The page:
The filter is provided through a service called Postini. In this case, the filter searches for the words as distinct words, not as parts of other words. If it find such a word, it bounces the email back to the sender with a canned message indicating that the message was not delivered due to content. There was a school I spoke with that just blackholed such emails, but then no one would ever know if their email got delivered or not. We want to make sure it bounces back to the sender so they are aware of the non-delivery, and so they can inform us if it should not have been blocked. Eric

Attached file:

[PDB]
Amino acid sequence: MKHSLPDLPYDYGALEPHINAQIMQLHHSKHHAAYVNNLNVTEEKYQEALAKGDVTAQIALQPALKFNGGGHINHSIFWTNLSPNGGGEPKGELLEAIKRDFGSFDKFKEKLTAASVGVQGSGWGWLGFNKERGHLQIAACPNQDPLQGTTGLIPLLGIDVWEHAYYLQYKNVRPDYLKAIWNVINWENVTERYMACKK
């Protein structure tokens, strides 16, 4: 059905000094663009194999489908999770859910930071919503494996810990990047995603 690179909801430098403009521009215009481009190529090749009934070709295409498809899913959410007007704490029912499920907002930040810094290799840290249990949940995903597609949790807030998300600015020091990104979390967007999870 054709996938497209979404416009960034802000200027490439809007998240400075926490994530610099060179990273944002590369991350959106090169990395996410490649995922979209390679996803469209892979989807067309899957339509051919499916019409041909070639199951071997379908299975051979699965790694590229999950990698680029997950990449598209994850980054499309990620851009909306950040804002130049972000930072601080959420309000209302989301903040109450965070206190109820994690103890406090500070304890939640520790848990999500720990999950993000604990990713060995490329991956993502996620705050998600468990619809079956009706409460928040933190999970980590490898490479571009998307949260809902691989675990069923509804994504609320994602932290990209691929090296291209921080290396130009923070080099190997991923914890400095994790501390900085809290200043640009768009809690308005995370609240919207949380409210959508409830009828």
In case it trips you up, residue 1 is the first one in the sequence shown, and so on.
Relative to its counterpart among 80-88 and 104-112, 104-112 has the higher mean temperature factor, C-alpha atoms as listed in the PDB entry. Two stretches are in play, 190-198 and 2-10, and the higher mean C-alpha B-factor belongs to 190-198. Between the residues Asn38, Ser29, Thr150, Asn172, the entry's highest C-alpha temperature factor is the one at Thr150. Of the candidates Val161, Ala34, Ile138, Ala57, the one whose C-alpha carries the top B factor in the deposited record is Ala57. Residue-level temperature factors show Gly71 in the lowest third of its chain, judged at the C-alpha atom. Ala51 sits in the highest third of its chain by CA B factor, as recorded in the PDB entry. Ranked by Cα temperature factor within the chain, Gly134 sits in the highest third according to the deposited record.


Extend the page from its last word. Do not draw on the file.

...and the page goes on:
Hey everyone, I am the author of the "bad word" spreadsheet being discussed. I got an email from a slashdot users letting me know about the discussion, so I wanted to share what I can from my perspective on this topic. As usual, there is always a lot more to the story than you will get from just looking at one piece of information (the spreadsheet) and hopefully I can help explain that. You certainly may not agree with what our school is doing (that is fine) but I at least want to make sure you have the full story. Note: In posting this I am not speaking officially for my school district, but am simply trying to explain the situation from my personal perspective. First, it is important to realize that the spreadsheet you see is a work in progress. Up until January 2011 our students did not have school-issued email accounts. This is still a brand new venture for us, and we have been and will continue to modify our policies. I really appreciate the feedback many of you have provided. You have lots of good points that I believe will help us as we continue to develop this. So, first question... how did we come up with this list? We wanted to give students email accounts to help increase communication and collaboration. However, this was something new for our district so we had to be careful when rolling it out. We developed the student email guidelines through meeting, surveys, and discussions with teachers, administrators, guidance counselors, students, parents, community members, and our board of education. The list of what resulted. For the launch of our email system the consensus was to have some sort of word filter, and to keep email sending with out district. Over time I hope we can open up email so students can send outside of our domain as there are obvious benefits for them to be able to communicate with people in businesses and other schools around the world. However, we felt it was best to start out more restrictive, and the work toward more openness over time. Change in a public school system is like steering a large ship with a little rudder. It takes time. There are a lot of people involved and we need to help people along with these changes. Anyway, we made the actual list of "bad words" by working off several other lists provided to us from other schools and organizations that have been doing this themselves for years. We combined their lists and edited it down to what you see. We removed loads of words that did not seem reasonable to filter (you would be amazed at what was on the original lists). We continue to revise the list (again we have only had this for about 8 months) and will certainly run through the suggestion many of the posts here have brought up. Yes, we realize that a filter list is not going to stop inappropriate words. Students can use all sorts of variations. However as a school providing email to children, the consensus of our community to to provide some level of filtering. More than that though, we have added the topic of responsible use of technology to our curriculum so we can help our children work through this topic. Again, thanks for your feedback, and feel free to ask me additional questions. Eric